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MONTREAL -- Induced labor is associated with a doubling in risk of amniotic-fluid embolism, a serious but rare complication of pregnancy, according to researchers here.
MONTREAL, Oct. 20 -- Amniotic-fluid embolism is a serious but rare complication of pregnancy, although the risk appears to double when labor is induced, according to researchers here.
In cases where the mother died from the embolism, which occurred in 24 of 180 total singleton deliveries out of three million, the women were 3.5 times more likely to have had induced labor than they were to have spontaneous labor, reported Michael S. Kramer, M.D., of Montreal Children's Hospital, and colleagues, in the Oct. 21 issue of The Lancet.
"Although the absolute excess risk is low, women and physicians should be aware of this risk when making decisions about elective labor induction," they wrote.
Other risk factors for amniotic fluid embolism were multiple pregnancy, older maternal age (35 or older), caesarean delivery or instrument-assisted vaginal delivery, eclampsia, polyhydramnios, placental abruption, placenta previa, cervical laceration, uterine rupture, and fetal distress, the authors found.
The overall rate of the complication was 14.8 per 100,000 multiple-birth deliveries, and 6.0 per 100,000 singleton deliveries.
"Kramer and colleagues' study is important for the people who will be affected by this rare but deadly disease," wrote Jason Moore, M.D, assistant professor of critical care medicine at the University of Pittsburgh, in an accompanying editorial.
"The researchers have identified definitively the association of medical induction of labor with amniotic fluid embolism, and delineated the small but important effect this association can have on future obstetric patients," wrote Dr. Moore. "They have also strengthened the evidence for the association of the disorder with other risk factors for which data were previously inconsistent."
Dr. Kramer and colleagues looked at the records on 3,018,781 deliveries, representing about 70% of all obstetric deliveries in Canada for the fiscal years 1991 through 2002. Of that total, 2,984,977 were singleton births, and 33,804 were multiple.
With total rate of amniotic-fluid embolism at 14.8 per 100,000 multiple-birth deliveries, and at 6.0 per 100 000 singleton deliveries, the odds ratio for an embolism occurring in a multiple birth vs. singleton delivery was 2.5 (95% confidence interval, 0.9-6.2).
Because of the huge difference in numbers between singleton and multiple pregnancies, the authors restricted the remainder of the analyses to singleton births, and found that there were at total of 180 cases out of the nearly 3 million singleton deliveries. Of those 180 cases, 24 (13%) were fatal.
There was no significant time-related increase or decrease in occurrence of amniotic-fluid embolism for total or fatal cases, the investigators wrote.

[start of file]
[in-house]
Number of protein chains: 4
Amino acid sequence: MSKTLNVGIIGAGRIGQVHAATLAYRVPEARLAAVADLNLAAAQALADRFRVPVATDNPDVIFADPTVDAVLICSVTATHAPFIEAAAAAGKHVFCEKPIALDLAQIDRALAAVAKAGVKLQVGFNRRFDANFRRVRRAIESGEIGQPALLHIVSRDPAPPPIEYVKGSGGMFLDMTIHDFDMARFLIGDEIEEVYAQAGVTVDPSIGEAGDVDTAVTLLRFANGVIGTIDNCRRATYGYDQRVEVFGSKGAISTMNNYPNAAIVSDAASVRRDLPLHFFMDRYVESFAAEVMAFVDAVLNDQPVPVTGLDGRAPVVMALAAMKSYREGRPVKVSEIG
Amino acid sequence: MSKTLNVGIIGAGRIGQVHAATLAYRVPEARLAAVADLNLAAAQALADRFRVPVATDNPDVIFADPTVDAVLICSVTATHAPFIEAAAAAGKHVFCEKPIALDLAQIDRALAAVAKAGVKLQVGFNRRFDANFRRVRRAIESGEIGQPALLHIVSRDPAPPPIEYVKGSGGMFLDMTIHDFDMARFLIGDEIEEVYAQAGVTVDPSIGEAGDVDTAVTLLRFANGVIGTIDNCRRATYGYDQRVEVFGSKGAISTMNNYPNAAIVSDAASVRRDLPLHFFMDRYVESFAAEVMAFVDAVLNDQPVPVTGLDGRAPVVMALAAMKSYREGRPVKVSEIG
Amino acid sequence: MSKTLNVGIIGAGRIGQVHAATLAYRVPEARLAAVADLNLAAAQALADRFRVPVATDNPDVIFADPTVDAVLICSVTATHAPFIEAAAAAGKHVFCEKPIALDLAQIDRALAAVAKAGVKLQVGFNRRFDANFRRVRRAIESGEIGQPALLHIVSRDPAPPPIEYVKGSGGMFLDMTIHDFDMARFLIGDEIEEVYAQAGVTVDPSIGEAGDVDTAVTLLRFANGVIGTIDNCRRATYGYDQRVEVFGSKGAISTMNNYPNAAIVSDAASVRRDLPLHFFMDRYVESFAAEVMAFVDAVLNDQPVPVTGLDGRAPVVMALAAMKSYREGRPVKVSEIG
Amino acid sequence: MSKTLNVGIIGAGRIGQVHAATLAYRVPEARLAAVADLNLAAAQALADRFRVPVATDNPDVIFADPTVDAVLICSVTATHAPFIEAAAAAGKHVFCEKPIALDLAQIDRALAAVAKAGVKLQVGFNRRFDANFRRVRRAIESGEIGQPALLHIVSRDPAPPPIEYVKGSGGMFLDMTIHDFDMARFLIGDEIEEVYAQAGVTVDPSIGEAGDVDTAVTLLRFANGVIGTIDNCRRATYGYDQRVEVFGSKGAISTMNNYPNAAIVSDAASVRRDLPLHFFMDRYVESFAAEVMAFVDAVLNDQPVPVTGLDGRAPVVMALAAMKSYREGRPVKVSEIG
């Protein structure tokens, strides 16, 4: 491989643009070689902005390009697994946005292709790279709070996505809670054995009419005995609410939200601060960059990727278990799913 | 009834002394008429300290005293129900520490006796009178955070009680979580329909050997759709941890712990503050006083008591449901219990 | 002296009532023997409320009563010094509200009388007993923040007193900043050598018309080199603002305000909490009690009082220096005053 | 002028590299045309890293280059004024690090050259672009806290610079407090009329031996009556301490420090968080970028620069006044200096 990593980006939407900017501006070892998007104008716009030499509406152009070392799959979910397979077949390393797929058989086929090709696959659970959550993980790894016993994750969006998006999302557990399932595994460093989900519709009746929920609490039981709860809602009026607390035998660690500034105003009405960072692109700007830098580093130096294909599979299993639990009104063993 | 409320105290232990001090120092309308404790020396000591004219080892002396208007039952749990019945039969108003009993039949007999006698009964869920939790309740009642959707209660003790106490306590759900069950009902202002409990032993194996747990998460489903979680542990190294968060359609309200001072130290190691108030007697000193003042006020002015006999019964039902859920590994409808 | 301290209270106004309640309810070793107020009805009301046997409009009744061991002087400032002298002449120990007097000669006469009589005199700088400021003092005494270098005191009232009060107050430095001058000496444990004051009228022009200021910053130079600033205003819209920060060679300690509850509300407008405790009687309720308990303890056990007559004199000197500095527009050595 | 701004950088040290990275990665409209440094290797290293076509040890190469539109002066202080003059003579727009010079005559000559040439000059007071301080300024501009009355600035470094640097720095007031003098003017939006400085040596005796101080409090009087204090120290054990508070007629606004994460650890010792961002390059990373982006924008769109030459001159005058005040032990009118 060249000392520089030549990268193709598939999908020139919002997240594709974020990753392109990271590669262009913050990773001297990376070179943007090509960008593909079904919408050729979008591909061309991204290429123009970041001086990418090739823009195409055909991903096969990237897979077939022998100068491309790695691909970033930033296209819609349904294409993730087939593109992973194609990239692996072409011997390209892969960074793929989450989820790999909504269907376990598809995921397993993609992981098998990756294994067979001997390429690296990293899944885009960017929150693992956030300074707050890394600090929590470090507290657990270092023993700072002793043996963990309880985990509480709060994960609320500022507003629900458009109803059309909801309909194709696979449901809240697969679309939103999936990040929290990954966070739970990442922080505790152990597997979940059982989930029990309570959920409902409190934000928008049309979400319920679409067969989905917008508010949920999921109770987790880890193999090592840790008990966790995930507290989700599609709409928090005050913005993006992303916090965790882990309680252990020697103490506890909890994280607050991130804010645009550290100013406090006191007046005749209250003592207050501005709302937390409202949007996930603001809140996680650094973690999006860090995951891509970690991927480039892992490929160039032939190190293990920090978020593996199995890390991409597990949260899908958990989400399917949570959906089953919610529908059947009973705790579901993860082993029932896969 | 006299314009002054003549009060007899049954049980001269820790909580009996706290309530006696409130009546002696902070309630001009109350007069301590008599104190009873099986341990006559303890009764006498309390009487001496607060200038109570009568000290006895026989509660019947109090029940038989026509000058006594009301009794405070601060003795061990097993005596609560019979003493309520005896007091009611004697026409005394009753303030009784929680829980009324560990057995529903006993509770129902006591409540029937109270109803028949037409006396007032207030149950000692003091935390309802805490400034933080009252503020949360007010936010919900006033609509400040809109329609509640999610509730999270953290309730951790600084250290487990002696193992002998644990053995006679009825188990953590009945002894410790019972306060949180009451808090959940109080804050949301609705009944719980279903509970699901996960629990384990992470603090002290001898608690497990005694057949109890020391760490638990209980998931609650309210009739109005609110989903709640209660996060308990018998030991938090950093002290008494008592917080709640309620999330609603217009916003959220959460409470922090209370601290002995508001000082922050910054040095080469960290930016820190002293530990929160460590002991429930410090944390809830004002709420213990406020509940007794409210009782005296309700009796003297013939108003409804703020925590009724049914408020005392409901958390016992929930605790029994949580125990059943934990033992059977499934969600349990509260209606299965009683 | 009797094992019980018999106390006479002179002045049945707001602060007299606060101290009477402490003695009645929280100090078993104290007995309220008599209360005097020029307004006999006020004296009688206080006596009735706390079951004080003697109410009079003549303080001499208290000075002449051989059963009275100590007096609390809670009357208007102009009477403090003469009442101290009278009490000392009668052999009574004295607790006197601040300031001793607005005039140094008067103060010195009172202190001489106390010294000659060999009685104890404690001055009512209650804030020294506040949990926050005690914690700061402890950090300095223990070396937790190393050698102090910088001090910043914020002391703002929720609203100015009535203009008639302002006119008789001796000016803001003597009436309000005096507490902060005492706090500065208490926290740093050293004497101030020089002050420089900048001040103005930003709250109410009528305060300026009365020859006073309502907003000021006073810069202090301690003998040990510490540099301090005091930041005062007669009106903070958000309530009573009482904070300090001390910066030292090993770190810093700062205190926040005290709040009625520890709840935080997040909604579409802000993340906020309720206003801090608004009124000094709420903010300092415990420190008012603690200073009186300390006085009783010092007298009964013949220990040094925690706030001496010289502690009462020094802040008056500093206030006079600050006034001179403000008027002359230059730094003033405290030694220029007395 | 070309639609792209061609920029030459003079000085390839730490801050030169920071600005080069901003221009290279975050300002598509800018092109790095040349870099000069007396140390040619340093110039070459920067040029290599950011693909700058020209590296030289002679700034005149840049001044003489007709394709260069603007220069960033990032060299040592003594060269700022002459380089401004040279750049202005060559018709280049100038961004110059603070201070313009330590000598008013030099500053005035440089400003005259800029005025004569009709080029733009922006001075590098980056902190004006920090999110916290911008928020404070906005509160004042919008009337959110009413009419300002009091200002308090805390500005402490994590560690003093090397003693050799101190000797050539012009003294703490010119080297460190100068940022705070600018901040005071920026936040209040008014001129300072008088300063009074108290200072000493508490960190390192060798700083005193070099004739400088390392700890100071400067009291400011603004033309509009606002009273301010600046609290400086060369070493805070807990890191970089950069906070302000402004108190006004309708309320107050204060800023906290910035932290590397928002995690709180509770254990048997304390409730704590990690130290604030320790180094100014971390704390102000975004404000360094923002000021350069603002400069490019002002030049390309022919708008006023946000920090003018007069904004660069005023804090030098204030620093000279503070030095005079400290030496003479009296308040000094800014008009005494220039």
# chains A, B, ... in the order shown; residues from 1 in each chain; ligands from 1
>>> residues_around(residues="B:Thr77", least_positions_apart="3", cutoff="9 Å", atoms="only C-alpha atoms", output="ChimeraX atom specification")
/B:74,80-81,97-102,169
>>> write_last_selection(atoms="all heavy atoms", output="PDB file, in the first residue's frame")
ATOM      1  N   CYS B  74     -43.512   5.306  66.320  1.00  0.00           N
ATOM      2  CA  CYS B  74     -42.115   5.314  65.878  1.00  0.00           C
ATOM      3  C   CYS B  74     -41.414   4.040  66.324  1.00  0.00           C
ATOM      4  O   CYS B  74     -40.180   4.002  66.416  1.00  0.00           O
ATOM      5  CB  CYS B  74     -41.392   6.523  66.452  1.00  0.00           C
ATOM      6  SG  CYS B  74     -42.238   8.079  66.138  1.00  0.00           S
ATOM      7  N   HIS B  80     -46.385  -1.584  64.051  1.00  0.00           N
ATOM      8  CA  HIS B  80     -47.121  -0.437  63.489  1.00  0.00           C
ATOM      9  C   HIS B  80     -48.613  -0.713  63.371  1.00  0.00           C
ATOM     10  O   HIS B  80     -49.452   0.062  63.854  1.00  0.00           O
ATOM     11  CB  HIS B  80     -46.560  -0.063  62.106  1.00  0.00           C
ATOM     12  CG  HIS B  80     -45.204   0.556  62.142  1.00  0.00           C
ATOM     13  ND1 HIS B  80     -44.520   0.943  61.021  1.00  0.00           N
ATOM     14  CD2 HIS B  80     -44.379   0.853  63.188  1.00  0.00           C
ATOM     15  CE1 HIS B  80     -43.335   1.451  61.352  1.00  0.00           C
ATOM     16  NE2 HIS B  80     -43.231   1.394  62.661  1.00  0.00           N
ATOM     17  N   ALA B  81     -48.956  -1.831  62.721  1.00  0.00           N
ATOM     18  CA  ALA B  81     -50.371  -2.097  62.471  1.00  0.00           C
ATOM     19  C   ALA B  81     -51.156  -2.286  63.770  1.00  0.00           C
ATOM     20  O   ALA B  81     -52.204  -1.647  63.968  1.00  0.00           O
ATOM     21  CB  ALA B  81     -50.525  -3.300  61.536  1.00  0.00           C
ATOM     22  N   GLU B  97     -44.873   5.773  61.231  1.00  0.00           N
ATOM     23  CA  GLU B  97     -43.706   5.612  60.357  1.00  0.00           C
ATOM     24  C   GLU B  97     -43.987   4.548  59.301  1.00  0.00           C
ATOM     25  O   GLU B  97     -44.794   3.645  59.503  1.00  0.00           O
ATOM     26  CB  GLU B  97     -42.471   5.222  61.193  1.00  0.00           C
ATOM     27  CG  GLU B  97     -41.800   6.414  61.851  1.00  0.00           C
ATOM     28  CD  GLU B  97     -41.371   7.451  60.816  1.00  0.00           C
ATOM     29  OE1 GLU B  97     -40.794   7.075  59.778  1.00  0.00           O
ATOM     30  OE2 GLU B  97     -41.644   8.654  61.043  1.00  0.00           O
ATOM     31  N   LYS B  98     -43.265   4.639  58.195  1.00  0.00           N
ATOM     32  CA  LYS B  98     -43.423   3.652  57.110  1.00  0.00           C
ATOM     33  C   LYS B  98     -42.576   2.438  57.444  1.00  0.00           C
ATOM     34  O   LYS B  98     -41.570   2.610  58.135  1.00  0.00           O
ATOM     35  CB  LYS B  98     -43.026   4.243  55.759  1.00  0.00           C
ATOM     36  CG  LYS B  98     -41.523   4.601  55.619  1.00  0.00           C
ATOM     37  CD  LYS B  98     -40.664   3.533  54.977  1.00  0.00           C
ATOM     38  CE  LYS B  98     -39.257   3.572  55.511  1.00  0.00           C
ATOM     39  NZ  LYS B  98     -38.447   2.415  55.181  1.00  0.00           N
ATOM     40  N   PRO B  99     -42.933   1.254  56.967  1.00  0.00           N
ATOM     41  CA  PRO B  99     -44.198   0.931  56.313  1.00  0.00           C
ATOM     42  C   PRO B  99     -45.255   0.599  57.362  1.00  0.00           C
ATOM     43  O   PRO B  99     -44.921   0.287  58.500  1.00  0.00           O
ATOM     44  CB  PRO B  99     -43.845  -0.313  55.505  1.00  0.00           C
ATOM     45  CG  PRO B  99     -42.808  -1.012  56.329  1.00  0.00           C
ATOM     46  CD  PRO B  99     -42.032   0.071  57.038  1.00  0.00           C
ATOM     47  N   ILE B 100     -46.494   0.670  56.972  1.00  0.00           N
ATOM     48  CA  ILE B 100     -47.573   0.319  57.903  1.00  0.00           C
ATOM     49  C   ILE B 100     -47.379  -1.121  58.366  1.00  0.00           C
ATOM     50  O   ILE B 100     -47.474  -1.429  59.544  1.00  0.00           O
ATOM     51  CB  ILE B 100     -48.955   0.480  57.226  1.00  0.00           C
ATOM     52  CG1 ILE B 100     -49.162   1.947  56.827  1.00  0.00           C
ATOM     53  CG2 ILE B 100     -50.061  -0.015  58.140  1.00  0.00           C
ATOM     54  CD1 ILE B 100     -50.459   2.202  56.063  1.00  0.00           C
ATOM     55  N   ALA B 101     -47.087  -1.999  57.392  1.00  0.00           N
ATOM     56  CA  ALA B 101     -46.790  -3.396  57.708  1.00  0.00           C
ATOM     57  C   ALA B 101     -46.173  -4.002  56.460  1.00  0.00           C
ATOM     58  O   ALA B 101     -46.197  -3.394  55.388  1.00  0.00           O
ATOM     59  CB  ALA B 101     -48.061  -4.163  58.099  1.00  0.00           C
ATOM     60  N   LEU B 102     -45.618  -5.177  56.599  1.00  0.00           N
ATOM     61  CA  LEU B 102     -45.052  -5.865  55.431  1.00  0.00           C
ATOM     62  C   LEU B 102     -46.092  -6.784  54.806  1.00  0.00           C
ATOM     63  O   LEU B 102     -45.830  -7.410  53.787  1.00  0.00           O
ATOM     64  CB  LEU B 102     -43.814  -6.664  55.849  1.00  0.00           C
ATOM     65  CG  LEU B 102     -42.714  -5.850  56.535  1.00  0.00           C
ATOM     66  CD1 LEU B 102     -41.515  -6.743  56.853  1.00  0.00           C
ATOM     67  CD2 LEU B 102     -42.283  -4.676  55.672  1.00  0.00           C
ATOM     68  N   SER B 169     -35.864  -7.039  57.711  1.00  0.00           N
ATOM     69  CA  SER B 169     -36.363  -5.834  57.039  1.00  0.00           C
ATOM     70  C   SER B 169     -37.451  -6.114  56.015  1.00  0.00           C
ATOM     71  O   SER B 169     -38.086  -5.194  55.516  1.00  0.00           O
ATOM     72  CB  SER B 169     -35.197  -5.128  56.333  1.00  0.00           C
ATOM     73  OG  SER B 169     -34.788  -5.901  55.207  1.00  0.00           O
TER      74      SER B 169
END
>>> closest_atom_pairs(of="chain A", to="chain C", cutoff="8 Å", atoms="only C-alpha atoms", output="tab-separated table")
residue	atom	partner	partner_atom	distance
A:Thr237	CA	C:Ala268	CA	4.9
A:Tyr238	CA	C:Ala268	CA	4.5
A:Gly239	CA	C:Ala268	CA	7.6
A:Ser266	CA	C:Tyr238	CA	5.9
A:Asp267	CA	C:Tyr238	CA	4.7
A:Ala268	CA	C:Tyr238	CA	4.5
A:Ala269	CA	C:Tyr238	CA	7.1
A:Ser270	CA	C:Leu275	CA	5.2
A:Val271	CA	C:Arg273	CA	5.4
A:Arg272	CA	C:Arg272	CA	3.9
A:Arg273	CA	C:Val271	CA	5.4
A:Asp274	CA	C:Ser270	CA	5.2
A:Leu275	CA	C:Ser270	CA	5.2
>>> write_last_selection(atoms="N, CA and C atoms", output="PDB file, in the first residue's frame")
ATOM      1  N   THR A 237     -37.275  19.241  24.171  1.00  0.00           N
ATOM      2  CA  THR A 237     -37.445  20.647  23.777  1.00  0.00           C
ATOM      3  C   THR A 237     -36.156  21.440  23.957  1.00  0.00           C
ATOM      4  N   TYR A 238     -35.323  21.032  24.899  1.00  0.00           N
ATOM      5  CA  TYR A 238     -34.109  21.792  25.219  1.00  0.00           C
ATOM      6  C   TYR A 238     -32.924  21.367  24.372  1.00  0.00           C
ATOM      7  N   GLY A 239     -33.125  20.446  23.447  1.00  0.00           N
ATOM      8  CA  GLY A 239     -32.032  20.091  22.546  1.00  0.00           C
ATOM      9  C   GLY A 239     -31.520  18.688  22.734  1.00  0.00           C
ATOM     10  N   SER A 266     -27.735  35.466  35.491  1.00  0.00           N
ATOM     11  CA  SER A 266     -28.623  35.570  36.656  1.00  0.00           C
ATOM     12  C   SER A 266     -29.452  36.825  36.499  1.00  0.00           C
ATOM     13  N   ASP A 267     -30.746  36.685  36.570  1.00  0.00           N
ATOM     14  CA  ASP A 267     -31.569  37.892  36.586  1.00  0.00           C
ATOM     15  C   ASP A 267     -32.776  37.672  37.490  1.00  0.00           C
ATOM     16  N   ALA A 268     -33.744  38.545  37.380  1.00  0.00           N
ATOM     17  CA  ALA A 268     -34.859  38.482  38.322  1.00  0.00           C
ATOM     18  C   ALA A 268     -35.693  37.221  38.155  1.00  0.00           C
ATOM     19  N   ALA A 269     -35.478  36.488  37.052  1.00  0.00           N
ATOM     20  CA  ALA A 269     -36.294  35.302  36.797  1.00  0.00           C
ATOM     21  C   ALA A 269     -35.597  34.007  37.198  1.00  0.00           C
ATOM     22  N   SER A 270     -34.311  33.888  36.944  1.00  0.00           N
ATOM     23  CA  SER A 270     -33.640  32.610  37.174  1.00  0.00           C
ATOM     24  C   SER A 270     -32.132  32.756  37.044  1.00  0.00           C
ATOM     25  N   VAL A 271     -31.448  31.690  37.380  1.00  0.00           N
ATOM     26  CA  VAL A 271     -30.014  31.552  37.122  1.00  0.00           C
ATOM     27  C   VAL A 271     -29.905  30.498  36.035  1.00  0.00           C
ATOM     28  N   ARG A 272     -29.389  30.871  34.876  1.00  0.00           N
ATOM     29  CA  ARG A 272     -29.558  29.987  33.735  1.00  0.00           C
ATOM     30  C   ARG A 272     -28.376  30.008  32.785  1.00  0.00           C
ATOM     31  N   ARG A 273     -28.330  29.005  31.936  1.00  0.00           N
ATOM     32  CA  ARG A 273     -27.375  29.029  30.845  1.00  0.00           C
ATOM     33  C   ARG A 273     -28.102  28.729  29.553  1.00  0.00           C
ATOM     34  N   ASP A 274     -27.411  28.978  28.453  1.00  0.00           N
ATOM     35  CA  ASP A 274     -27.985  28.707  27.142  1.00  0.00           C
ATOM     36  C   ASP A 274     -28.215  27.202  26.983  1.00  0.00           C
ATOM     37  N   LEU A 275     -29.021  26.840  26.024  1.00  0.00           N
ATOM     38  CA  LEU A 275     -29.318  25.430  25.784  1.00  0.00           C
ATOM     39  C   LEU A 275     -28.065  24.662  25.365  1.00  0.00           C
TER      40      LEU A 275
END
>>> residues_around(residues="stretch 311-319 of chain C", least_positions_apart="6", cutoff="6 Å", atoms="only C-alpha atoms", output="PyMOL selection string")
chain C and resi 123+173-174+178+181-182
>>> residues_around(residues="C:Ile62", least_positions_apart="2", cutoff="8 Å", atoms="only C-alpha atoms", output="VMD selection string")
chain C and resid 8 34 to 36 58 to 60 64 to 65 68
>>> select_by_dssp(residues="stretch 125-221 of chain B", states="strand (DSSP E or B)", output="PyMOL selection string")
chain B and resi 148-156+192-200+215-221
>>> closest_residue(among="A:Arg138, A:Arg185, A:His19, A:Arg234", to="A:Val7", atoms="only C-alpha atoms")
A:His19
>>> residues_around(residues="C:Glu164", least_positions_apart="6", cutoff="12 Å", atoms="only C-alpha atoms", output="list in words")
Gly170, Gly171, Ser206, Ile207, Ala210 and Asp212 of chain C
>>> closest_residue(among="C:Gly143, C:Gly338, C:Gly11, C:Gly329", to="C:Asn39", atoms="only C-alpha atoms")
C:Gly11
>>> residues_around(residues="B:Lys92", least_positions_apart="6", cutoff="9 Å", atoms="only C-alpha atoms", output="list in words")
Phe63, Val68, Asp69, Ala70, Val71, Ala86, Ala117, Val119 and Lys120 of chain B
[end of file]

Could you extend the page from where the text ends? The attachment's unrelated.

There was a nearly two-fold risk for amniotic-fluid embolism associated with medical induction of labor (adjusted odds ratio 1.8, 95% CI, 1.3-2.7) and the association was stronger for fatal cases (crude odds ratio 3.5, 95% CI.5-8.4).
The adjusted odds ratio for embolism in cephalic/caesarean deliveries compared with cephalic presentation and vaginal delivery was 12.5 (95% CI, 7.9-19.9).
For eclampsia, the adjusted odds ratio was 11.5 (95% CI, 2.8-46.9), and for polyhydramnios the ratio was 3.0 (95% CI, 1.2-7.3).
Other risk factors were multiple pregnancy, older maternal age, placental complications, cervical laceration, uterine rupture, and fetal distress, the authors found.
"Many of the significant risk factors recorded in this study are consistent with the presumed causal roles of strong uterine contractions, excess amniotic fluid, and disruption of the uterine vasculature," they wrote. "These mechanisms probably explain the increased risks seen with multiple pregnancy, polyhydramnios, placenta previa or abruption, and cervical laceration or uterine rupture, and might explain a small part of the strong association with caesarean delivery. Labor induction could operate via a similar mechanism."
They noted that although the absolute risk for the complication is quite small, the information about the increased risk should be factored in when women and their obstetricians are considering elective induced labor.
"With four million births per year and induction rates approaching 20% in the U.S., this practice could be causing amniotic-fluid embolism in 30 to 40 women per year in the U.S. alone (including 10 to 15 deaths, because of the increased odds ratio for fatal cases)," the investigators noted.
Dr. Moore pointed out that the greater association with fatal cases was important.
"The absence of a gold-standard for diagnosis is an unavoidable source of error in epidemiological studies of amniotic fluid embolism," he said. "As the researchers suggest, non-fatal amniotic fluid embolism might have been overdiagnosed in their study. Moreover, fatal cases of the disorder are less likely to be misdiagnosed."
"Thus", he added, "the association between amniotic fluid embolism and a given risk factor is most reliable when a death is recorded. The odds ratio for induced labor as a risk factor is higher for deaths alone than for total cases of the disorder, which lends support to the argument for this association."